There’s a reason why the Western honey bee is the state insect of South Dakota—bees love all of the open plains and meadows that are available to them in the state.

    The most popular types of honey from South Dakota are clover, wildflower, and alfalfa honey. Alfalfa and clover are very similar plants and can be found all over the state in great abundance. Although clover is a popular honey variety all over the country, South Dakota offers more varieties of clover honey than almost any other state: Sweet Clover, White Dutch Clover, Ball Clover, and White Sweet Clover are all easy to come by.

    Clover honey is a sweet and versatile type of honey with a slightly sour aftertaste. Many South Dakota honey farms also offer creamed versions of clover honey, which is honey that is whipped and therefore easier to spread atop toast, bagels, and other baked goods.

    Is South Dakota Honey Produced Year-Round or Seasonally?

    Although bees work year-round, spring and summer are the most important seasons for South Dakota beekeepers. During spring, beekeepers must make sure their bee populations are as high as possible before bees begin flying out of the hive and the majority of plants begin to bloom. Summer is normally when beekeepers remove the excess honey their bees have made from the hives.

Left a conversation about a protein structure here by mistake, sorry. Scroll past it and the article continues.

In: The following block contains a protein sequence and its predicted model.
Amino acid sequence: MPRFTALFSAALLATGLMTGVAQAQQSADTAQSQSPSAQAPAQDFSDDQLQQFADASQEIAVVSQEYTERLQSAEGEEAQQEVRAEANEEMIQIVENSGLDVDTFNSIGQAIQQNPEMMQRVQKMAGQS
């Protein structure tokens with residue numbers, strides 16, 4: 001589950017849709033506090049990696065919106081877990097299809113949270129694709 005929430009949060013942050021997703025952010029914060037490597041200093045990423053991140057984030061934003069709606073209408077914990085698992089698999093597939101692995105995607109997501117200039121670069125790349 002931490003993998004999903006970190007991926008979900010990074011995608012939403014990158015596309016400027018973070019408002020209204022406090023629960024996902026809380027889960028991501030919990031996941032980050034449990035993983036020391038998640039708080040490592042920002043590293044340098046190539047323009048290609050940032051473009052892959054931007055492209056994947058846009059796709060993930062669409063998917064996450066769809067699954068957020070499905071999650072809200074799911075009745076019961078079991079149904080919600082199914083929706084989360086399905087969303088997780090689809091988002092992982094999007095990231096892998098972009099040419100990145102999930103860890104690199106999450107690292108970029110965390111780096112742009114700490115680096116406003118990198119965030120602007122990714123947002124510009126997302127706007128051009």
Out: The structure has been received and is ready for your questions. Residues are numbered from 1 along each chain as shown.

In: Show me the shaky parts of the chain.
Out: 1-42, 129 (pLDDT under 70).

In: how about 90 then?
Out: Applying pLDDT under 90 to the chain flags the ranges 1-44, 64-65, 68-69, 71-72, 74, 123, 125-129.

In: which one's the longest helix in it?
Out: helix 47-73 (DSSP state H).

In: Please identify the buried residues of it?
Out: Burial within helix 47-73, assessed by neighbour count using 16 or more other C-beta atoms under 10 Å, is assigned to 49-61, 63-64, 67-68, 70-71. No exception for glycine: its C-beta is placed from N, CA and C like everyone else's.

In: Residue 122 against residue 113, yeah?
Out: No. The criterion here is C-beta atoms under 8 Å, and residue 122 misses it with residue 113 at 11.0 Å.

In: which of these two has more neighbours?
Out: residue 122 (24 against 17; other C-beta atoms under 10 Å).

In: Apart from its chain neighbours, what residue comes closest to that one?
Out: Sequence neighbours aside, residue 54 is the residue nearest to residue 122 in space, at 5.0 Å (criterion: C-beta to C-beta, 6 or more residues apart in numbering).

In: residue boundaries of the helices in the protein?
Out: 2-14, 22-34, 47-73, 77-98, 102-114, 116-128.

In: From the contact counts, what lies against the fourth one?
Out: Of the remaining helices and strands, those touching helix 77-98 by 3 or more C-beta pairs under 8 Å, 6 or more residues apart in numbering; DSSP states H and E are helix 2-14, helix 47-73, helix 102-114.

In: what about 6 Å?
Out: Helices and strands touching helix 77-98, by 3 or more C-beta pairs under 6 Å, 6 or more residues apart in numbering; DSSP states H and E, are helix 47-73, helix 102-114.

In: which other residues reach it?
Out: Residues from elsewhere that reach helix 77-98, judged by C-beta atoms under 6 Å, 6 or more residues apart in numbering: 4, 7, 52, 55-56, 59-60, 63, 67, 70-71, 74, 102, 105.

This is how Blue Dasher Farm manages to produce high-quality honey year after year:

    In one photo, we are weighing the hives with a scale. We try to closely monitor our hives as well as run experiments on them by giving them different natural supplements and researching the outcomes.
    We try to stay away from chemical treatments as much as possible, this means our hives at BDF are never given antibiotics and mite treatments are kept to a minimum.

    South Dakota beekeepers pouring honey bees - Credit: Blue Dasher Farm
    Beekeepers weighing the hives with a scale - Credit: Blue Dasher Farm

    Which Types of Honey Bees Produce South Dakota Honey?

    Honey bees are the only kind of insect that produces food humans can eat, and there’s only one species of them that can be found in the United States: Apis mellifera, meaning “honey-carrying bee.”

    It would be basically impossible to find a honey bee that had a genetic makeup aligned only with one subspecies because scientists and beekeepers have been cross-breeding honey bee races for decades.

    This is because all subspecies of honey bees have positive and negative traits, and creating hybrids allows for as many positive traits as possible to be passed on. However, honey bees are still usually sold by the name of one of the major subspecies, and some beekeepers have a preference for one race over another.